Katie Hobbs is in deep trouble. The Arizona secretary of state was supposed to be a shoo-in when she won the Democratic nomination for governor. After all, her Republican opponent is Kari Lake, a TV personality the mainstream media is overjoyed to smear as an “extremist” and “election denier” at every possible opportunity. Unfortunately, Lake has managed to run a vigorous campaign in which issues that don’t involve Donald Trump have been foregrounded; she’s come across as both engaging and likable. Hobbs, who has been unable to find a foothold issue besides “I’m not the other candidate” — yet refused to debate the other candidate — is also handicapped by having the personality of a two-by-four with an NPR tote bag wrapped around it, not an asset in any state but especially not in Arizona. After leading in the RealClearPolitics polling average until early September, Hobbs now trails Lake by 3.2 points — including an 11-point shellacking in a recent InsiderAdvantage/KSAZ-TV poll.
Things are looking pretty grim, in other words. Have no fear, though, for the Democrats are calling in the big guns in the homestretch of the campaign. To persuade the undecided Arizonan to vote Democrat on Nov. 8, they’ve pulled the ultimate October surprise: an ad from GOP Rep. Liz Cheney of Wyoming. You can, uh, tell why Katie Hobbs is in deep trouble. Cheney said in an ad sponsored by her PAC, The Great Task. “But if I lived in Arizona, I absolutely would.” “You have a candidate for governor, Kari Lake, you have a candidate for secretary of state, Mark Finchem, both of whom have said they will only honor the results of an election if they agree with it. “If you care about the survival of our republic, we cannot give people power who will not honor elections.” As far as I’m concerned, this ad needs to be playing in split-screen with that GIF of Tony Stark rolling his eyes in “The Avengers.” Kari Lake felt similarly — and, in an open letter to Cheney, thanked her “for your generous in-kind contribution to my campaign.” “Your recent television ad urging Arizonans not to vote for me is doing just the opposite,” she wrote in the letter, dated Friday and addressed to “Liz Cheney, Defeated Member of Congress.” “Our campaign donations are skyrocketing and our website nearly crashed from traffic as people rushed to learn more about my plan to put Arizona First and join our historic political movement.” She went on to say that “my team tells me your commercial should add another 10 points to our lead. I guess that’s why they call the Cheney anti-endorsement the gift that keeps on giving.” “While we appreciate your in-kind contribution, the $500,000 ad buy likely exceeds Arizona’s $5,300 individual contribution limit.” CNN, Cheney’s PAC is spending a whopping half-million dollars airing this thing. Apparently, both Cheney and Hobbs labor under the misapprehension that a lame-duck representative from Wyoming who flunked out of the GOP primary for her seat because of her monomaniacal focus on Jan. 6 is really going to sway the few voters who don’t have an opinion about this race or convince conservatives to abandon Lake. I’m not sure whether this is self-aggrandizement on Cheney’s part, cluelessness on Hobbs’, or both — but either way, it’s not a good look for either. The name of Cheney’s ad, by the by, is “Honor.” I only bring that up because, given Cheney’s primary loss and the trajectory of Arizona gubernatorial race, a more apropos title for it might have been “Misery Loves Company.” Just saying. This article appeared originally on The Western Journal.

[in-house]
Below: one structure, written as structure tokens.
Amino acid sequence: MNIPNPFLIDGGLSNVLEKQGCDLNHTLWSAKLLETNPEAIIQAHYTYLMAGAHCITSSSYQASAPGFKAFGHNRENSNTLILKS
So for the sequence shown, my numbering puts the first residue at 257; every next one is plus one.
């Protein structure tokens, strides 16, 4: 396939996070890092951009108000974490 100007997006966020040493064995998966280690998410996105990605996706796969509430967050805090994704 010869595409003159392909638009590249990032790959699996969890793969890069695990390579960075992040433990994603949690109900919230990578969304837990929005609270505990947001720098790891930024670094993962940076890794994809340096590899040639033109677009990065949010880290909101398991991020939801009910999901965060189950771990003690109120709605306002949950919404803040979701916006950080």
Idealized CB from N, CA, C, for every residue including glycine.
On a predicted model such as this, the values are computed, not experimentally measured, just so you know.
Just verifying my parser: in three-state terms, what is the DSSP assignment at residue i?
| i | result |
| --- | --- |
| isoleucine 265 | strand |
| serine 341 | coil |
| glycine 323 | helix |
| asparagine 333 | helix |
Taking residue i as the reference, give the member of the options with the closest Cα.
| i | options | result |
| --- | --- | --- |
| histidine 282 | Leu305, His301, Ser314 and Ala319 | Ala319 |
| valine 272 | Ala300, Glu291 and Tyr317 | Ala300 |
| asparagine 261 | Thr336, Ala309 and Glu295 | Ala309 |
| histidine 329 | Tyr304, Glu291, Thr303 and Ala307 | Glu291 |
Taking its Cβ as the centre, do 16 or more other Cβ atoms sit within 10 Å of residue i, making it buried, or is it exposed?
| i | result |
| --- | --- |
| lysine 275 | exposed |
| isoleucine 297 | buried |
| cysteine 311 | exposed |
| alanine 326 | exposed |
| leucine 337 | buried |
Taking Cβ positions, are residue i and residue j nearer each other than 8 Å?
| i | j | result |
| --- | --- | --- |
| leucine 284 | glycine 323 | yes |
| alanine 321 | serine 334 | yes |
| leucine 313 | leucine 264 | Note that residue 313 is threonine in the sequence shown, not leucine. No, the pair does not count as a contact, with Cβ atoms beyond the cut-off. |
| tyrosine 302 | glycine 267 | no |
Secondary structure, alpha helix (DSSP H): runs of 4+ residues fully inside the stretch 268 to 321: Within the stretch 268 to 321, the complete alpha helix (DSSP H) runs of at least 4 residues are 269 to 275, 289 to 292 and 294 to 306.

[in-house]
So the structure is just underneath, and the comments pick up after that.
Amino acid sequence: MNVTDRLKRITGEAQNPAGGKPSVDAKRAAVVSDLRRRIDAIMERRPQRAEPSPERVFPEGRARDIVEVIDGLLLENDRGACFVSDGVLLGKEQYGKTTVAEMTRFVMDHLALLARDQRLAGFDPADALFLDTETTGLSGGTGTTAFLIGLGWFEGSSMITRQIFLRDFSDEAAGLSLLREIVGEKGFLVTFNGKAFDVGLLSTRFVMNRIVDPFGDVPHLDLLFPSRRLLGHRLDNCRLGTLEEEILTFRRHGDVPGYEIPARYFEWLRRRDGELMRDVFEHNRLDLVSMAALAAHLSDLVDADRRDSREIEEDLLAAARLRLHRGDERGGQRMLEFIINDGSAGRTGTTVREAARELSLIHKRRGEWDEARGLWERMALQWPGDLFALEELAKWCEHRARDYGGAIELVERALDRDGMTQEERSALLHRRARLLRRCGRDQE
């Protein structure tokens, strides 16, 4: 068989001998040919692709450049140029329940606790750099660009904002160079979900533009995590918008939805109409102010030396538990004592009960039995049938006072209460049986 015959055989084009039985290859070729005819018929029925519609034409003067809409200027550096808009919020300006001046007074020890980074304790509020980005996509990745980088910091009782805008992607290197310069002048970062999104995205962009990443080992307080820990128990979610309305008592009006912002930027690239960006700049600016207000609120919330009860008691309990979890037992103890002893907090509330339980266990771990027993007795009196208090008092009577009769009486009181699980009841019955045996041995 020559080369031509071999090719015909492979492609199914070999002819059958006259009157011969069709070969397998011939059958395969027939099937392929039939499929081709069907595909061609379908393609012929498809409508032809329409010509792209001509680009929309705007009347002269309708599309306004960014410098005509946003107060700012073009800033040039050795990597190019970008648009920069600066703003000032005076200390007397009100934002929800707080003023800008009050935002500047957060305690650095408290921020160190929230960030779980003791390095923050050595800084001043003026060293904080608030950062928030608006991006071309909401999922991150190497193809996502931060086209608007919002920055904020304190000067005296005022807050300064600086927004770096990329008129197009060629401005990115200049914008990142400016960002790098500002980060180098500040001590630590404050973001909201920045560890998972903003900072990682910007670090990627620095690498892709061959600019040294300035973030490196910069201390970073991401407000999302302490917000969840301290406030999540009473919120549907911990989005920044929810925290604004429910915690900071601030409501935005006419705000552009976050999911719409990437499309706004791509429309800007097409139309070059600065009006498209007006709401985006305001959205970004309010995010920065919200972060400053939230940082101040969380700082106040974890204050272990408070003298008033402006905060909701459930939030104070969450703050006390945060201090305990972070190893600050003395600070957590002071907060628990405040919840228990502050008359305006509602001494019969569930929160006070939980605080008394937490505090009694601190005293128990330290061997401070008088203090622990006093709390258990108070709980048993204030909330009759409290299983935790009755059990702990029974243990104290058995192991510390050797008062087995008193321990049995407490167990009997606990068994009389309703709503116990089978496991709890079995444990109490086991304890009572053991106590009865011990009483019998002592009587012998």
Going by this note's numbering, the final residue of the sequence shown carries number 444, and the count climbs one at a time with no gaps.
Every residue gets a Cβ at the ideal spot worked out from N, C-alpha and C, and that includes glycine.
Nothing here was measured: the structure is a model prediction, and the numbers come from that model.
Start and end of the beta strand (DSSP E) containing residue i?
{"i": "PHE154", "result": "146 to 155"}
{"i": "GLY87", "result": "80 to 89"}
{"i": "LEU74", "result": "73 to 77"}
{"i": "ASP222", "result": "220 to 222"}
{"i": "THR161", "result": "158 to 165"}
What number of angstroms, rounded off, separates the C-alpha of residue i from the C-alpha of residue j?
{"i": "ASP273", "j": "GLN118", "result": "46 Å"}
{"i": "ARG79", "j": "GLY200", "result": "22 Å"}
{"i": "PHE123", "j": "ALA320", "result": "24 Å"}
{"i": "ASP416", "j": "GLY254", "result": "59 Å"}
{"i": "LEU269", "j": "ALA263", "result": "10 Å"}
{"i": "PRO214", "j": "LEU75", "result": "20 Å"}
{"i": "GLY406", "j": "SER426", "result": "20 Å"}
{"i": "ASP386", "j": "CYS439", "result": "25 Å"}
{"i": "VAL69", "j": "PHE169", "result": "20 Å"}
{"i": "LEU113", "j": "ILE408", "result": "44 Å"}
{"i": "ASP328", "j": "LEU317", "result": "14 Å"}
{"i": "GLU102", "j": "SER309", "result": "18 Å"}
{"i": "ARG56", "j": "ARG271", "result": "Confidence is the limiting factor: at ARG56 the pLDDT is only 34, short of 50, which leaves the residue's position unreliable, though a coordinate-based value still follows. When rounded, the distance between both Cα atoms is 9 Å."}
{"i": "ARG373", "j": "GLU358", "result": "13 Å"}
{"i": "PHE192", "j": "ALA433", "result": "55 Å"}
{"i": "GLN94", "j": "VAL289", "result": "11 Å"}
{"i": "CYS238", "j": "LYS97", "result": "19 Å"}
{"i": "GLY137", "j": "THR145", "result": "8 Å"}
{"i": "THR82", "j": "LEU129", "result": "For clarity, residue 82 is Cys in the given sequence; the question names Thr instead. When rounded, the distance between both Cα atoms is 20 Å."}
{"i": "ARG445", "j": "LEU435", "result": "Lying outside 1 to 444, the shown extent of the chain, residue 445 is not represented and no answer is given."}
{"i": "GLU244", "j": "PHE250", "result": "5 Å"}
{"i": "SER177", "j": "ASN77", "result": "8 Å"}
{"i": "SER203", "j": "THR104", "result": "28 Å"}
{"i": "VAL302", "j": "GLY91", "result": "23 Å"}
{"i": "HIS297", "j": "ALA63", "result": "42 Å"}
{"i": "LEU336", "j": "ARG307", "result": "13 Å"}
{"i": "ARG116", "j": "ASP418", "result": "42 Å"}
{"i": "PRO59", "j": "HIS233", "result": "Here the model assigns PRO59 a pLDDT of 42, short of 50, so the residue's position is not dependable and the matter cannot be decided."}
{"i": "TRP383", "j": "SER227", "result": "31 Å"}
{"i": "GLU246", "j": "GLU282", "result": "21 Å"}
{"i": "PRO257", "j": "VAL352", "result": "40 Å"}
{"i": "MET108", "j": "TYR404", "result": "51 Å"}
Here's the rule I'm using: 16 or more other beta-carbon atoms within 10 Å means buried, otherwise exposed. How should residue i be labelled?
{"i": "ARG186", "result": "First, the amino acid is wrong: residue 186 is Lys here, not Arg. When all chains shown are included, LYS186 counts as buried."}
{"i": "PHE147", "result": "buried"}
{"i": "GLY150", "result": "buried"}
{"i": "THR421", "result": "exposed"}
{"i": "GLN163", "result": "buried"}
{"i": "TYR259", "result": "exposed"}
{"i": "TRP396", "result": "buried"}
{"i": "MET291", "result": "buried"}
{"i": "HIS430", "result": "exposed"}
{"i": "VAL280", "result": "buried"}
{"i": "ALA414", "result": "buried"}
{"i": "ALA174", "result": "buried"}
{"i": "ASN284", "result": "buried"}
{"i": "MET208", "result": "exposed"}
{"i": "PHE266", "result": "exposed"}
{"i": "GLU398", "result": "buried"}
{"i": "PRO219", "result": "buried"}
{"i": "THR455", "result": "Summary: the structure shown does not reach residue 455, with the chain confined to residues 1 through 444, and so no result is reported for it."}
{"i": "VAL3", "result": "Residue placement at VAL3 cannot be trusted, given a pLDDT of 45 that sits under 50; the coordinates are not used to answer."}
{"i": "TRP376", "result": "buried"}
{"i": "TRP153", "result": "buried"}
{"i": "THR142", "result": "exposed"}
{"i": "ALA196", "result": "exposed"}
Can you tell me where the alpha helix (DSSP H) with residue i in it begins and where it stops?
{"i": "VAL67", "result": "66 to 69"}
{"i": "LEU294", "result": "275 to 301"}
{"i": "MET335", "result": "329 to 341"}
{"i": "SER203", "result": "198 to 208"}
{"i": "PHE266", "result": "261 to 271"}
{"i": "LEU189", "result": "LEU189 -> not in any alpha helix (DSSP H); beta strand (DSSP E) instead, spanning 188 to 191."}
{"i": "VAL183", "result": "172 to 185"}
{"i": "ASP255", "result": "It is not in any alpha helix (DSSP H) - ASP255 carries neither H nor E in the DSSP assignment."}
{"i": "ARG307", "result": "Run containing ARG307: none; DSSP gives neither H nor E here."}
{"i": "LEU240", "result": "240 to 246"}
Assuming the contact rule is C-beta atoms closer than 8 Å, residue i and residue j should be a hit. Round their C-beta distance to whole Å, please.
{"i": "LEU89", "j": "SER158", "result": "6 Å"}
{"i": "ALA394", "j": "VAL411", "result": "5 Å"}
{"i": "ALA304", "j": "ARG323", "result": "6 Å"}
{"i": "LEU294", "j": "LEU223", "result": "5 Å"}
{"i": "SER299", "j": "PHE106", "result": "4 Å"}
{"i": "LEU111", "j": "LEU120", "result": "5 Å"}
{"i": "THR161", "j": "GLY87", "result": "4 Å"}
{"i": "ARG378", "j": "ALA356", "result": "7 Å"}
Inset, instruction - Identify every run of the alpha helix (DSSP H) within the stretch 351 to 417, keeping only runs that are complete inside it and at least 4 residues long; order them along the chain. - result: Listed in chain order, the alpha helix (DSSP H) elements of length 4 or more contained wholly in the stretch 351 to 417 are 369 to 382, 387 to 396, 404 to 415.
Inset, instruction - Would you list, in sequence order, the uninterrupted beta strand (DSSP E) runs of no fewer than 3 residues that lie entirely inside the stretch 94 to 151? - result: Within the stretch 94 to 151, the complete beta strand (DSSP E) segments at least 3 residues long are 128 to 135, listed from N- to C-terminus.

Arizona Governor:Kari Lake (R) 54% (+11) Katie Hobbs (D) 43% .@InsiderPolling/@FOX10Phoenix, 550 LV, 10/24-24https://t.co/wJtTR0SP4q — Political Polls (@Politics_Polls) October 26, 2022